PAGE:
Job 4

Job 4

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Eliphaz Speaks: The Innocent Prosper

Then Eliphaz the Temanite answered and said:

  “If one ventures a word with you, will you be impatient?
    Yet who can keep from speaking?
  Behold, you have instructed many,
    and you have strengthened the weak hands.
  Your words have upheld him who was stumbling,
    and you have made firm the feeble knees.
  But now it has come to you, and you are impatient;
    it touches you, and you are dismayed.
  Is not your fear of God your confidence,
    and the integrity of your ways your hope?
  “Remember: who that was innocent ever perished?
    Or where were the upright cut off?
  As I have seen, those who plow iniquity
    and sow trouble reap the same.
  By the breath of God they perish,
    and by the blast of his anger they are consumed.
  The roar of the lion, the voice of the fierce lion,
    the teeth of the young lions are broken.
  The strong lion perishes for lack of prey,
    and the cubs of the lioness are scattered.
  “Now a word was brought to me stealthily;
    my ear received the whisper of it.
  Amid thoughts from visions of the night,
    when deep sleep falls on men,
  dread came upon me, and trembling,
    which made all my bones shake.
  A spirit glided past my face;
    the hair of my flesh stood up.
  It stood still,
    but I could not discern its appearance.
  A form was before my eyes;
    there was silence, then I heard a voice:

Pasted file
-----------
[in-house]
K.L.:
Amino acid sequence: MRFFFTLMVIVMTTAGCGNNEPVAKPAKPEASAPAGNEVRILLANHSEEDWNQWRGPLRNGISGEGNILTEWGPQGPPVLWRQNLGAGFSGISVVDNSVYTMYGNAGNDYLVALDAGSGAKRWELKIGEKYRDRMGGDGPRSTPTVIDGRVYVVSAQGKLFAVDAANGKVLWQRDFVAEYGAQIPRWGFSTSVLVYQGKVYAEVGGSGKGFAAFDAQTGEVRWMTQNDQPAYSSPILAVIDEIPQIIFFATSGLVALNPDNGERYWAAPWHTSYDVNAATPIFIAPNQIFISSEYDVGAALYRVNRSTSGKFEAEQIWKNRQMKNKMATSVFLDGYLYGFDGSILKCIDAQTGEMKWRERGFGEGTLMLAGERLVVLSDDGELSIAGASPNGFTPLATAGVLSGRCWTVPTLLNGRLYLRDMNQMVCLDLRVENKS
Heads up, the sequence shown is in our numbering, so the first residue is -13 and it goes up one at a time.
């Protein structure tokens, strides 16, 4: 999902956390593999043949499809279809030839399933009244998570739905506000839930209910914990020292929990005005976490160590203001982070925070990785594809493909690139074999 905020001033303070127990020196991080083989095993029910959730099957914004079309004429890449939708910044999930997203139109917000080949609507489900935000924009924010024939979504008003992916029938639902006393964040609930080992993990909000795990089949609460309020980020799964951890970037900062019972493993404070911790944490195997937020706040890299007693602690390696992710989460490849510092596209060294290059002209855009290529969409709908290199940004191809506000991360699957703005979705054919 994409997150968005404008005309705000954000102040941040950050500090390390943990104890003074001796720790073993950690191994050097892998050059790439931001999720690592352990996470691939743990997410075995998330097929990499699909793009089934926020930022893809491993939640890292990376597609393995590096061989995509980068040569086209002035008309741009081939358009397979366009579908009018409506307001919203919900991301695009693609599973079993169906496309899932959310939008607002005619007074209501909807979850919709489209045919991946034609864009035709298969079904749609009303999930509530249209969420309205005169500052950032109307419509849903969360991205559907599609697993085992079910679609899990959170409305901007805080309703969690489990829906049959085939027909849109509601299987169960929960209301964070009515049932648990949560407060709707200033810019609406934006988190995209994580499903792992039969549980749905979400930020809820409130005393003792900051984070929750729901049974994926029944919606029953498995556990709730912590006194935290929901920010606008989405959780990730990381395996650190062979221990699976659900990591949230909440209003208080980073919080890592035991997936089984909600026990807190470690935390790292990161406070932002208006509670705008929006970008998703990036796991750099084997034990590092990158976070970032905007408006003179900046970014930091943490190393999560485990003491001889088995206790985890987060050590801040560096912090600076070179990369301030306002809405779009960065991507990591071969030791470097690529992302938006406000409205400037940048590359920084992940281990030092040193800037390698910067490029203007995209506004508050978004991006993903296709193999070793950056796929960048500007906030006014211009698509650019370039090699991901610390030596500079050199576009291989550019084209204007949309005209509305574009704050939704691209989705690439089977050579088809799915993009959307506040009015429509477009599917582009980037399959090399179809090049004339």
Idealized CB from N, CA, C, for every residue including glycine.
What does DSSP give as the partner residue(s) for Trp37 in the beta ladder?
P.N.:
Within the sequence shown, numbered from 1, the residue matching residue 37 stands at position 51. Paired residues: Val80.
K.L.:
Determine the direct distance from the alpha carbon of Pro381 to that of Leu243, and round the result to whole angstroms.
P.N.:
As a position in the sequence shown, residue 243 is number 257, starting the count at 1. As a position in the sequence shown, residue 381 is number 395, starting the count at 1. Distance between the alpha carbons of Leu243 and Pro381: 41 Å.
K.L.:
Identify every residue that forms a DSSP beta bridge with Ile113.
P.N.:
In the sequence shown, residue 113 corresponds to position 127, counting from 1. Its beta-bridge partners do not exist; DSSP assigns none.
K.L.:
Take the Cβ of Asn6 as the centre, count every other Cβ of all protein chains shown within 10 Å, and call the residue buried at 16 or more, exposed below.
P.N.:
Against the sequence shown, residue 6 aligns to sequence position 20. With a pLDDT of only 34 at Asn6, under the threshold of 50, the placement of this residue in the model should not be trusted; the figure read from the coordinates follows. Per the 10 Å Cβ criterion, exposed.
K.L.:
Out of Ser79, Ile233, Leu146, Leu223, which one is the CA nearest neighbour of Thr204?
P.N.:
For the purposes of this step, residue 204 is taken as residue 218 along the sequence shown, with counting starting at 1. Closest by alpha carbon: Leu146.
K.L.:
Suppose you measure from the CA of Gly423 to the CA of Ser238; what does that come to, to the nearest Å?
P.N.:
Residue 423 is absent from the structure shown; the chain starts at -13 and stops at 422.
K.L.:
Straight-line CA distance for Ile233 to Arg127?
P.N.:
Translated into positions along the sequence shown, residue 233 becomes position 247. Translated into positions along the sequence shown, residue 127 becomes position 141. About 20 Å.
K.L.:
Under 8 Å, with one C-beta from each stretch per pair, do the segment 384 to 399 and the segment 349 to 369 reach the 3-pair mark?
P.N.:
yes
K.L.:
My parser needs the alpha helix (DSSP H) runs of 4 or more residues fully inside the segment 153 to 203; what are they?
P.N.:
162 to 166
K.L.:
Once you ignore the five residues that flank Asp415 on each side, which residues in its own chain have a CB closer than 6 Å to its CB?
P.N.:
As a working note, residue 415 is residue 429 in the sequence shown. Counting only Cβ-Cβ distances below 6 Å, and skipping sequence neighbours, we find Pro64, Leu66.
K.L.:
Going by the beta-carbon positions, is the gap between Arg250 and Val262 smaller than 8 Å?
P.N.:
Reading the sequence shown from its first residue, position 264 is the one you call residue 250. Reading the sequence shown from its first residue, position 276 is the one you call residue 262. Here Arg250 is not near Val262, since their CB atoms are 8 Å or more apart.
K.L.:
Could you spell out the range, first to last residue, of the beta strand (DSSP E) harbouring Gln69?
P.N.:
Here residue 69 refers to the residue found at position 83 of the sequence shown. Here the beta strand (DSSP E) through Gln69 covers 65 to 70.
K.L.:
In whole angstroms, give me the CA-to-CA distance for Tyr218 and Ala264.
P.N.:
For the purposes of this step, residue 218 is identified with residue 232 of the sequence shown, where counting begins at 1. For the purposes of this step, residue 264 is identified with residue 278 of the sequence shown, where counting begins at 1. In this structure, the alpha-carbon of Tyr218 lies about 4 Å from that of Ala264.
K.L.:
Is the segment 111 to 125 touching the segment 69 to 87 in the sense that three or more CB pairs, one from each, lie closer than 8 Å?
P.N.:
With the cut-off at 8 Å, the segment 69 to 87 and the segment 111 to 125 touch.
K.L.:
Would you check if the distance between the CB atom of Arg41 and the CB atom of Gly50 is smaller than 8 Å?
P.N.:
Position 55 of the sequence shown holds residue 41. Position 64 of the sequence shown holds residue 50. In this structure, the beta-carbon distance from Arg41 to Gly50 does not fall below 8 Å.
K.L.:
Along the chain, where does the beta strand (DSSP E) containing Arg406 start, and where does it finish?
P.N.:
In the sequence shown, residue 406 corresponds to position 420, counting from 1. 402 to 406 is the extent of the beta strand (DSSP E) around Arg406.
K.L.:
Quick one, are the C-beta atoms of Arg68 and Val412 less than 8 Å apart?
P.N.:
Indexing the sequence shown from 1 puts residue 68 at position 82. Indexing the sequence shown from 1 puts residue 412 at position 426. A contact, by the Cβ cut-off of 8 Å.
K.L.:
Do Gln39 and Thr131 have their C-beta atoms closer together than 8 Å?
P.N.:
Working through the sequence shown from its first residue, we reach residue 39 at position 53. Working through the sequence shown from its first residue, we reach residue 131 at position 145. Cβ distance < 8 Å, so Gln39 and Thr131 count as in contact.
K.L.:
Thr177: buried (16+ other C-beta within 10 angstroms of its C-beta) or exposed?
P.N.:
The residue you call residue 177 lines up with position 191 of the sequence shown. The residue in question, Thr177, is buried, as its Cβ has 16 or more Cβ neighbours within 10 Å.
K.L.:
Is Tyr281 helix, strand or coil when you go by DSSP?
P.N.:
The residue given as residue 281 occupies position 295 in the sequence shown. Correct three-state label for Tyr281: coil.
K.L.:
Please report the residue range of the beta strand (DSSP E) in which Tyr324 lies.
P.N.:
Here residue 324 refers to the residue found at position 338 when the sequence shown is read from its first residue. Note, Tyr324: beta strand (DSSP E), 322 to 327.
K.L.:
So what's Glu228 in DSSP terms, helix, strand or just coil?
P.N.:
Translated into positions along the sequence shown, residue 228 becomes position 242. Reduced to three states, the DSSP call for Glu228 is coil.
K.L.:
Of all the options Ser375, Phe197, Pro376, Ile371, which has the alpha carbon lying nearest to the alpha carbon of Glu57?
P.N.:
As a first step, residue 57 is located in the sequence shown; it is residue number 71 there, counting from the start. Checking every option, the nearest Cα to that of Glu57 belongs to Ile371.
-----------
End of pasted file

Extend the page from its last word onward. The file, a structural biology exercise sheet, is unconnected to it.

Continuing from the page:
‘Can mortal man be in the right before God?
    Can a man be pure before his Maker?
  Even in his servants he puts no trust,
    and his angels he charges with error;
  how much more those who dwell in houses of clay,
    whose foundation is in the dust,
    who are crushed like the moth.
  Between morning and evening they are beaten to pieces;
    they perish forever without anyone regarding it.
  Is not their tent-cord plucked up within them,
    do they not die, and that without wisdom?’


Job 4 Commentary

by Hank Workman

It’s easy to weigh in on a matter from a distance.  We look at the circumstances, the ‘facts’ presented through word and observation and make decisions based upon them.  Sometimes we also decide to speak our mind on the matter as to what we believe to be true in that situation.  There are even times we spiritualize our thoughts, tagging God in our them.  I mean, God can be the ultimate ‘trump card’ played with people by using the phrase, “God told me…”

I’m sure we’ve all been guilty of this and definitely each of us to some degree have been on the receiving end of such dialogue.